The Food and Drug Administration (FDA) announced it will begin screening incoming shipments of cinnamon from multiple countries for possible lead contamination after dozens of reported illnesses linked to recalled fruit pouches.
More than 30 cases of elevated blood lead levels reported as of Nov. 16 are potentially linked to recalled cinnamon applesauce fruit pouches. The recalled fruit pouches were manufactured in Ecuador and sold under WanaBana, Weis and Schnucks brands, according to the FDA.
Tests of multiple lots of the products indicated they contain extremely high levels of lead. Lead exposure has been associated with health, learning and behavior problems, and there is no known safe level.
To date, sample analysis of WanaBana, Weis and Schnucks fruit puree pouches that do not contain cinnamon are not part of the recall, and have not shown elevated levels of lead.
FDA and other state partners have collected and analyzed additional product samples of fruit puree and applesauce pouches. FDA detected elevated levels of lead in one finished product sample of WanaBana Apple Cinnamon Puree collected from Dollar Tree. The lead level detected was 2.18 parts per million (ppm), which is “more than 200 times greater than the action level the FDA has proposed in draft guidance for fruit purees and similar products intended for babies and young children,” according to an FDA advisory.
While FDA officials believe the cinnamon used in the recalled pouches is the likely source of contamination, it has not yet been able to collect and test samples of the cinnamon used in the recalled products. The FDA is working with Ecuadorian authorities to investigate the source of the cinnamon and point of contamination, as well as whether any other products are linked to the illnesses.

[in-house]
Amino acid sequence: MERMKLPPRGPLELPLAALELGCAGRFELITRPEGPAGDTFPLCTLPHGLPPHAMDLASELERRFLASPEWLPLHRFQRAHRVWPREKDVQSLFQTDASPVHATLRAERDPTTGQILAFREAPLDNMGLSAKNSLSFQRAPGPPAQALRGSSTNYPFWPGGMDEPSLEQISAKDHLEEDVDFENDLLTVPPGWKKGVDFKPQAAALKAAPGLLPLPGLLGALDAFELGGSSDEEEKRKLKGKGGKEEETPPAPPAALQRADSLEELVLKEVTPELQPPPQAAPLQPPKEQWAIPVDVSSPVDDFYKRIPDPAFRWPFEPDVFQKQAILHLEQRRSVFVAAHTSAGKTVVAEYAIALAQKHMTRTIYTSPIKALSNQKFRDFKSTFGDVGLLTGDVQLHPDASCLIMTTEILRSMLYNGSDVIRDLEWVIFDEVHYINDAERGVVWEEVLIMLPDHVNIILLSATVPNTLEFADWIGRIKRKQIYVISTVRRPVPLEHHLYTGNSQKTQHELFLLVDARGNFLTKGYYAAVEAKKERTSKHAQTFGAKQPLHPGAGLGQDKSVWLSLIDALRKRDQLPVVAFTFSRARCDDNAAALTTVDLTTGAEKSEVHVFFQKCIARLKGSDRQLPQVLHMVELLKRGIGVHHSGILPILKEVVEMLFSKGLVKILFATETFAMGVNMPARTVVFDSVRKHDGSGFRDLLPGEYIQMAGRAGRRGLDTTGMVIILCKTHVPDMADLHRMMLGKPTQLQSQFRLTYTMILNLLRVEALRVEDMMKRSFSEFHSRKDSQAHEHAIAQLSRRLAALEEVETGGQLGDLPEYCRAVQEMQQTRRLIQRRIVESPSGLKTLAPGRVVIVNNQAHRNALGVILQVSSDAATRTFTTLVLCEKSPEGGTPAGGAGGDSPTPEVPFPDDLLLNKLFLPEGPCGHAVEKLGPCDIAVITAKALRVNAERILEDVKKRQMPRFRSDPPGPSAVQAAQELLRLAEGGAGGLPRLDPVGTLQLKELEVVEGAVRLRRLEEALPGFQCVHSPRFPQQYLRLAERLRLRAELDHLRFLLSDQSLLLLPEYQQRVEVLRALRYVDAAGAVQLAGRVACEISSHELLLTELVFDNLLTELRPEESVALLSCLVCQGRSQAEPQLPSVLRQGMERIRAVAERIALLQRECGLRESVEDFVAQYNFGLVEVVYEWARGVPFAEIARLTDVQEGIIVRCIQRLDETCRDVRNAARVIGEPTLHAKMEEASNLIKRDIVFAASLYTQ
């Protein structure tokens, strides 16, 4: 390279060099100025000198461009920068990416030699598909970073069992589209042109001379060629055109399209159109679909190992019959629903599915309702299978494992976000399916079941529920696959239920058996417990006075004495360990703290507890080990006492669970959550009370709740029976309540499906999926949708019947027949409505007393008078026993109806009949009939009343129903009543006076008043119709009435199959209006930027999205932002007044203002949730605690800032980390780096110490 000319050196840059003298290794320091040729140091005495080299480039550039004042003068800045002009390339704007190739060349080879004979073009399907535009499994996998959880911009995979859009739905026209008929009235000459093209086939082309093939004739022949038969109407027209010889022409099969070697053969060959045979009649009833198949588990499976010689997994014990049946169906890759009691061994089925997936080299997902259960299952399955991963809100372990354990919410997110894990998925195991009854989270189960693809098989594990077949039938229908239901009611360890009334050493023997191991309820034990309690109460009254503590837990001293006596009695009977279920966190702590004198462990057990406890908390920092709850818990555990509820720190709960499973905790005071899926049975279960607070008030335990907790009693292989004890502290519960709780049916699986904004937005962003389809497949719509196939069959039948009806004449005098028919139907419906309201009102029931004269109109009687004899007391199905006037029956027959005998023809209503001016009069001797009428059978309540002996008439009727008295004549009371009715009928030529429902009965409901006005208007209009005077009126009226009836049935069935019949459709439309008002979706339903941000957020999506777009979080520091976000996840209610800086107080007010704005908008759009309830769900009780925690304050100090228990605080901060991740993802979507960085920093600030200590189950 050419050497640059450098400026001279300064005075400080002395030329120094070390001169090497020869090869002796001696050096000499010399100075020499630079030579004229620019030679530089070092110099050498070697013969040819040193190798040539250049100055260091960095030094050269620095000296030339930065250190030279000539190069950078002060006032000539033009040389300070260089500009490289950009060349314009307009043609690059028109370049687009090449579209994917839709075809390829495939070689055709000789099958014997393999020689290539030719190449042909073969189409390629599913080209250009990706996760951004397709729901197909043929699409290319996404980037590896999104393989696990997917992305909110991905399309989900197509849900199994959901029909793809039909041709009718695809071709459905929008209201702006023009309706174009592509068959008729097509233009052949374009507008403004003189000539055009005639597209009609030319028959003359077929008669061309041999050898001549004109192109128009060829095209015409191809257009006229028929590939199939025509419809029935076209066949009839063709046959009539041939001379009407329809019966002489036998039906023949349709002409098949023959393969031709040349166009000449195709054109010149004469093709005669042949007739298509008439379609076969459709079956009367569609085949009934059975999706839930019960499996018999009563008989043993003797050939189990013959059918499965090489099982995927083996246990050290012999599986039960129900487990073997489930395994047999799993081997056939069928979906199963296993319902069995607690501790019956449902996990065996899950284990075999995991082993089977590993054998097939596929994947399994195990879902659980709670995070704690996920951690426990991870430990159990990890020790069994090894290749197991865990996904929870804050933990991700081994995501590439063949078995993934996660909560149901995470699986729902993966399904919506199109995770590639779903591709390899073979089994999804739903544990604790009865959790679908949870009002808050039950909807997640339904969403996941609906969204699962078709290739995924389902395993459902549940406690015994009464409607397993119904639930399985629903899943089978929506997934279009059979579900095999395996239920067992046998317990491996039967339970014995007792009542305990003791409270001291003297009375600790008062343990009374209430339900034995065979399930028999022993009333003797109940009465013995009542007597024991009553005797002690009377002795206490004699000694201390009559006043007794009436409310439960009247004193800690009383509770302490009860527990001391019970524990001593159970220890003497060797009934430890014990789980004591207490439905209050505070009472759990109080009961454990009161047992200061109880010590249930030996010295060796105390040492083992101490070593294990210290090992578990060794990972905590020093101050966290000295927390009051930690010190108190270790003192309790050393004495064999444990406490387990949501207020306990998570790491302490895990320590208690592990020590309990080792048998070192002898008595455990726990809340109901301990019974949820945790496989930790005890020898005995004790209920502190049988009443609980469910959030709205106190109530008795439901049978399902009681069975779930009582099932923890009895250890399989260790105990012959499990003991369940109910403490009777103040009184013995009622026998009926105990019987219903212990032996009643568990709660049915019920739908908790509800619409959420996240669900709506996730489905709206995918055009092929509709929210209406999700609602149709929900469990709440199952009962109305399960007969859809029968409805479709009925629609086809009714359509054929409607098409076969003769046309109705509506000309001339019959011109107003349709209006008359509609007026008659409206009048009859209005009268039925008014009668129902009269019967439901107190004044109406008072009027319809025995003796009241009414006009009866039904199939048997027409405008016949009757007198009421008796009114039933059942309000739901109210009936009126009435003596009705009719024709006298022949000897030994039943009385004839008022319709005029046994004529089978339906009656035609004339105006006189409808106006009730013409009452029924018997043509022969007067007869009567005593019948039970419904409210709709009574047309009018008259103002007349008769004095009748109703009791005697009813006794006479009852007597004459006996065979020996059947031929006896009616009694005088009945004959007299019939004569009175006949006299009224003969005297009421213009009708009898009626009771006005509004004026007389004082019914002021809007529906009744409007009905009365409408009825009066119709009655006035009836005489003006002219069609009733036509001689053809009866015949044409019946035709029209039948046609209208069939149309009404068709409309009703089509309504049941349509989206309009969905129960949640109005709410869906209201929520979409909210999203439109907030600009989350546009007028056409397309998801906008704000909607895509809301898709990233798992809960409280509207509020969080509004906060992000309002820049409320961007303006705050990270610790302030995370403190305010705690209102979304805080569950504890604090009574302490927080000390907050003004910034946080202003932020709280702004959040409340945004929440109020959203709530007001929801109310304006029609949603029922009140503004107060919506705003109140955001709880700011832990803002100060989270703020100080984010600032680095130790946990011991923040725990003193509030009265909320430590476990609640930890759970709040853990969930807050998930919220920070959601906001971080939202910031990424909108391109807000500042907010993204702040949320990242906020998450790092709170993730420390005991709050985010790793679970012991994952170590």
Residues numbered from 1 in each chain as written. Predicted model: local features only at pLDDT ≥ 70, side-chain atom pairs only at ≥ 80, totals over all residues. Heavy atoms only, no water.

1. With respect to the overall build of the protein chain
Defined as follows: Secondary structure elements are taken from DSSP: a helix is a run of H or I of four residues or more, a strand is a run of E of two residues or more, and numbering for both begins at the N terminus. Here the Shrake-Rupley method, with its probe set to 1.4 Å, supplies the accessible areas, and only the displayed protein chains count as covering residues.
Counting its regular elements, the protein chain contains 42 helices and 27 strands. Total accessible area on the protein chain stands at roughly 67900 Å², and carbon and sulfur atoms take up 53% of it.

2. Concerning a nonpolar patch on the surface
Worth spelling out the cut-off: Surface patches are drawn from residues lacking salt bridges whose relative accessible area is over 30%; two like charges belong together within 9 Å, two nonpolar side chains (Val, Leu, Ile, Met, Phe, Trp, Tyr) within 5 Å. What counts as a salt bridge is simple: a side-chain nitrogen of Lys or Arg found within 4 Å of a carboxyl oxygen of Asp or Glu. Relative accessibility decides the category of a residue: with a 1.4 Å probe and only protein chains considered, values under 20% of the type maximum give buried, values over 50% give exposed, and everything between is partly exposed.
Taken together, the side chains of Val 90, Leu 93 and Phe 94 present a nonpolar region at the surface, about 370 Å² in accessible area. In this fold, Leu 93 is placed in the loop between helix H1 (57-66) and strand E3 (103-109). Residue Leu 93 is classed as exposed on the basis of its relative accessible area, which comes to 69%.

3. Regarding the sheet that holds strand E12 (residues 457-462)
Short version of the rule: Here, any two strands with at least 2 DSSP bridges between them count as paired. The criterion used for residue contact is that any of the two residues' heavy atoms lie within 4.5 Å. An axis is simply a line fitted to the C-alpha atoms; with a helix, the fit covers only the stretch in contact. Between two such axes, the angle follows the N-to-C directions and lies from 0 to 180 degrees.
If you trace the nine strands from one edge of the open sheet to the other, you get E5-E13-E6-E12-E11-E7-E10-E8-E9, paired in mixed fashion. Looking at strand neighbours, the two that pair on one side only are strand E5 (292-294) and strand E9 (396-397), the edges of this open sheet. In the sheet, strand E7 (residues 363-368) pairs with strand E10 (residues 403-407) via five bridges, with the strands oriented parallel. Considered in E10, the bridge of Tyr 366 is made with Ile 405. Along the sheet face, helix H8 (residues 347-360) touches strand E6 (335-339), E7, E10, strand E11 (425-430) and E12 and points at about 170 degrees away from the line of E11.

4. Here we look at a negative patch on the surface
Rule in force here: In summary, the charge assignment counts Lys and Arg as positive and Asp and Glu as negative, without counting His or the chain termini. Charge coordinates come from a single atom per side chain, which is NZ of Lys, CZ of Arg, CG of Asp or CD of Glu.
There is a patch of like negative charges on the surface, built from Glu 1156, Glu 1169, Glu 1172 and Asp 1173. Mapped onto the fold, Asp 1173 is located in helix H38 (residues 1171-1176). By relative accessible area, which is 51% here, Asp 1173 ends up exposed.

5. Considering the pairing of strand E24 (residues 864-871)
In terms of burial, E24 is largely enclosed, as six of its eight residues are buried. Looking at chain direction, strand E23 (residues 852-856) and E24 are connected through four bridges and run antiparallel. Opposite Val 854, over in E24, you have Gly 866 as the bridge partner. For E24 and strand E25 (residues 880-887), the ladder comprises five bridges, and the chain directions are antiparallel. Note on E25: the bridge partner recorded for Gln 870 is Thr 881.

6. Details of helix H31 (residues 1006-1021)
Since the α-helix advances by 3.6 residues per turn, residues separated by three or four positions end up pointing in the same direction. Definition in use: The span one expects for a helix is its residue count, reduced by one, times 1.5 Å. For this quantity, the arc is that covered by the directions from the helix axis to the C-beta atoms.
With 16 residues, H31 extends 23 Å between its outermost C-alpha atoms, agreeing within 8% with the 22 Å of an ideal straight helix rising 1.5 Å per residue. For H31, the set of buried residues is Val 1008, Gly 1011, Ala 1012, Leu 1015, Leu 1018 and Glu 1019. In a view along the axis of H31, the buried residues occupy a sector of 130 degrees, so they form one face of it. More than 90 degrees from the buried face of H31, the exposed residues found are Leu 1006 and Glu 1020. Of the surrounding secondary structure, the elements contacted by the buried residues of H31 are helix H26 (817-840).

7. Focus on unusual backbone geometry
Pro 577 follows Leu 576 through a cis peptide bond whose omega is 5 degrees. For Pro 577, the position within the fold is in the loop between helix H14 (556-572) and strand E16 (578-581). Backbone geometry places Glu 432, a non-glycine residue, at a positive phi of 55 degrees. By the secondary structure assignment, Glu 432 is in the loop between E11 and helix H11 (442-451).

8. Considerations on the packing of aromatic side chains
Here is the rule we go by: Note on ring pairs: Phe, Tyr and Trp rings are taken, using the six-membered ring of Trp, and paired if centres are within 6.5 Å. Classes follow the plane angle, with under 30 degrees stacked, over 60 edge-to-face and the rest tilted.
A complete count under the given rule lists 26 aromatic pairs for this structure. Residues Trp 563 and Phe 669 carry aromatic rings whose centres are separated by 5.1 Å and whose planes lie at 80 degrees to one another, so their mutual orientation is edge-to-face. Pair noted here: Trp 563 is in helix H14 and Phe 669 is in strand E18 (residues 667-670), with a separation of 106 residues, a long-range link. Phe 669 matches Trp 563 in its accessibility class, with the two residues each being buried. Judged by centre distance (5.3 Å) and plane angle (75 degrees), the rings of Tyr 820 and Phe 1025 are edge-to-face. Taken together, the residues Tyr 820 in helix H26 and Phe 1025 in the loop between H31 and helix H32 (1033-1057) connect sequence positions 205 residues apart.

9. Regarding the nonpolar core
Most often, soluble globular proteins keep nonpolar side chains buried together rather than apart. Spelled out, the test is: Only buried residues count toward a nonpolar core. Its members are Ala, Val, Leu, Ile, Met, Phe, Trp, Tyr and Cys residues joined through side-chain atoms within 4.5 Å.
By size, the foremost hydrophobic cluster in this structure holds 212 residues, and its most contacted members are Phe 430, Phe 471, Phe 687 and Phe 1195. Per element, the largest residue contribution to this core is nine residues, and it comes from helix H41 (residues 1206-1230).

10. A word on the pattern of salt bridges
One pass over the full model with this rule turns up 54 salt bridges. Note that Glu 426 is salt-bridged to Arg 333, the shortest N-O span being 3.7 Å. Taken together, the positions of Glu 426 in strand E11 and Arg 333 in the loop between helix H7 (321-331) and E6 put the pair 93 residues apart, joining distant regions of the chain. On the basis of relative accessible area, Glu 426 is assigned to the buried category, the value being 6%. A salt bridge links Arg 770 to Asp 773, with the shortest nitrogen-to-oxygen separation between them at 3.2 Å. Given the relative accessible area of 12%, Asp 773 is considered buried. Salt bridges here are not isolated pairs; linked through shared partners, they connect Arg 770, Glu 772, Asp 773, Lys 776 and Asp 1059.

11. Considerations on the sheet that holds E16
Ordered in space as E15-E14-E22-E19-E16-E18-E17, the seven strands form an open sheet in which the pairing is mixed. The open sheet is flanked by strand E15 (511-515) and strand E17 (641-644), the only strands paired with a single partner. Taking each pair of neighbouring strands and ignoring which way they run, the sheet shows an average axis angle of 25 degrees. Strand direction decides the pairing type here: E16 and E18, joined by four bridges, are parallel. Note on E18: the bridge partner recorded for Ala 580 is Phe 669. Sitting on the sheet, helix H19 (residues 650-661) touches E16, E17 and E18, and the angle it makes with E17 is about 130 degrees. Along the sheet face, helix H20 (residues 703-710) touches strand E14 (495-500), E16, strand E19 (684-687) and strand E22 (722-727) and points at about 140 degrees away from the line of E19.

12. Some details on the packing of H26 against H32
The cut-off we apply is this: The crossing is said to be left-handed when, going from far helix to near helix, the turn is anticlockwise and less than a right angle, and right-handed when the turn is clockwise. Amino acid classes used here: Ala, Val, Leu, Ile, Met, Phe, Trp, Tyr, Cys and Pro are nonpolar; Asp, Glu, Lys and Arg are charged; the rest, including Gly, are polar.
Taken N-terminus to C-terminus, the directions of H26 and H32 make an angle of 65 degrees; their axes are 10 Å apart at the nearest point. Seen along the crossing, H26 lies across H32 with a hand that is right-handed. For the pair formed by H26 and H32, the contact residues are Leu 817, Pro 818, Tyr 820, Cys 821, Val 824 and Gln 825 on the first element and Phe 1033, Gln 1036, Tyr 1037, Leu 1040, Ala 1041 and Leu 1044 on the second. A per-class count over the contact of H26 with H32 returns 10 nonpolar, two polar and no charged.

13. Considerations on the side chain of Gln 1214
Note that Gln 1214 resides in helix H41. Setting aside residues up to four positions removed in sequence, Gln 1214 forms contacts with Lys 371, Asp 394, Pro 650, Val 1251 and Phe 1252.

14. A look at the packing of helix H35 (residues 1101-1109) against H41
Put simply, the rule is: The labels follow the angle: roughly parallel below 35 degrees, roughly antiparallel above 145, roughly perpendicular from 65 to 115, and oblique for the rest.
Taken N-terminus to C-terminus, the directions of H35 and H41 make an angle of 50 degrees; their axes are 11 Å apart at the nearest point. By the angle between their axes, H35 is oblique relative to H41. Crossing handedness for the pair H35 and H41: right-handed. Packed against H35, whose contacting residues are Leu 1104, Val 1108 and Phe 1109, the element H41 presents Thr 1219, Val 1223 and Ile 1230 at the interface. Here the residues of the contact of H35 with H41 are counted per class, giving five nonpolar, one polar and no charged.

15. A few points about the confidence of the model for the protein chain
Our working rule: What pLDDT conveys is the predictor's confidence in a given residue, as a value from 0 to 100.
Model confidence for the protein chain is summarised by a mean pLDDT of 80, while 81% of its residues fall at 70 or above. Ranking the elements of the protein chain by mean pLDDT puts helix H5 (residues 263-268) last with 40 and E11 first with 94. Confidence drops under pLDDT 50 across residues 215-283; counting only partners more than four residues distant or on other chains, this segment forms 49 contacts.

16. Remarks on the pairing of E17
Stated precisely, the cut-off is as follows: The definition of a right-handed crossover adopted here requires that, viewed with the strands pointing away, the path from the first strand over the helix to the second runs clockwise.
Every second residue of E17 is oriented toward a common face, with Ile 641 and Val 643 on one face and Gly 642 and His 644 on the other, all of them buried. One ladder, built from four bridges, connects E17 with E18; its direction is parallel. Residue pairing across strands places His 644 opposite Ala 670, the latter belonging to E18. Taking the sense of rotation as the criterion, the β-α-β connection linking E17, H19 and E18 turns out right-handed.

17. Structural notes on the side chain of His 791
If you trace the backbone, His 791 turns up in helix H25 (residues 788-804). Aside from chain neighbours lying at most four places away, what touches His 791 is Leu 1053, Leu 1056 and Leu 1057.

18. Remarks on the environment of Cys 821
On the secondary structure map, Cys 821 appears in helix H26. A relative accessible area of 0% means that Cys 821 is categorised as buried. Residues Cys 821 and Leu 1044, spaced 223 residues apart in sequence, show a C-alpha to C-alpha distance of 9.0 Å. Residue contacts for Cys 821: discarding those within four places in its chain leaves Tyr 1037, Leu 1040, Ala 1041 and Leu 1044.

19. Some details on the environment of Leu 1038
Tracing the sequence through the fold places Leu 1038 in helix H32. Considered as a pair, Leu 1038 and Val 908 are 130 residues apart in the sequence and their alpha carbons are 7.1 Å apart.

At this time, the FDA is not aware of any other reports of illness or elevated blood lead level reported for other cinnamon-containing products or cinnamon.
The Centers for Disease Control and Prevention recommends clinicians do the following:
- Counsel patients and families not to eat the recalled cinnamon-containing apple purée or applesauce products.
- Educate patients and families about the health effects of lead exposure in children and the importance of seeking medical care. Most children have no obvious symptoms, but appropriate screening can detect lead in blood.
- Test children who have consumed a recalled applesauce pouch for lead exposure. Refer to CDC guidance on testing children for lead exposure and AAP clinical guidance for managing lead exposure in children. Recommendations for obtaining BLLs may be available from your local health department or regional Pediatric Environmental Health Specialty Unit.
- Consider lead exposure in the differential diagnosis of patients presenting with clinical findings associated with lead poisoning.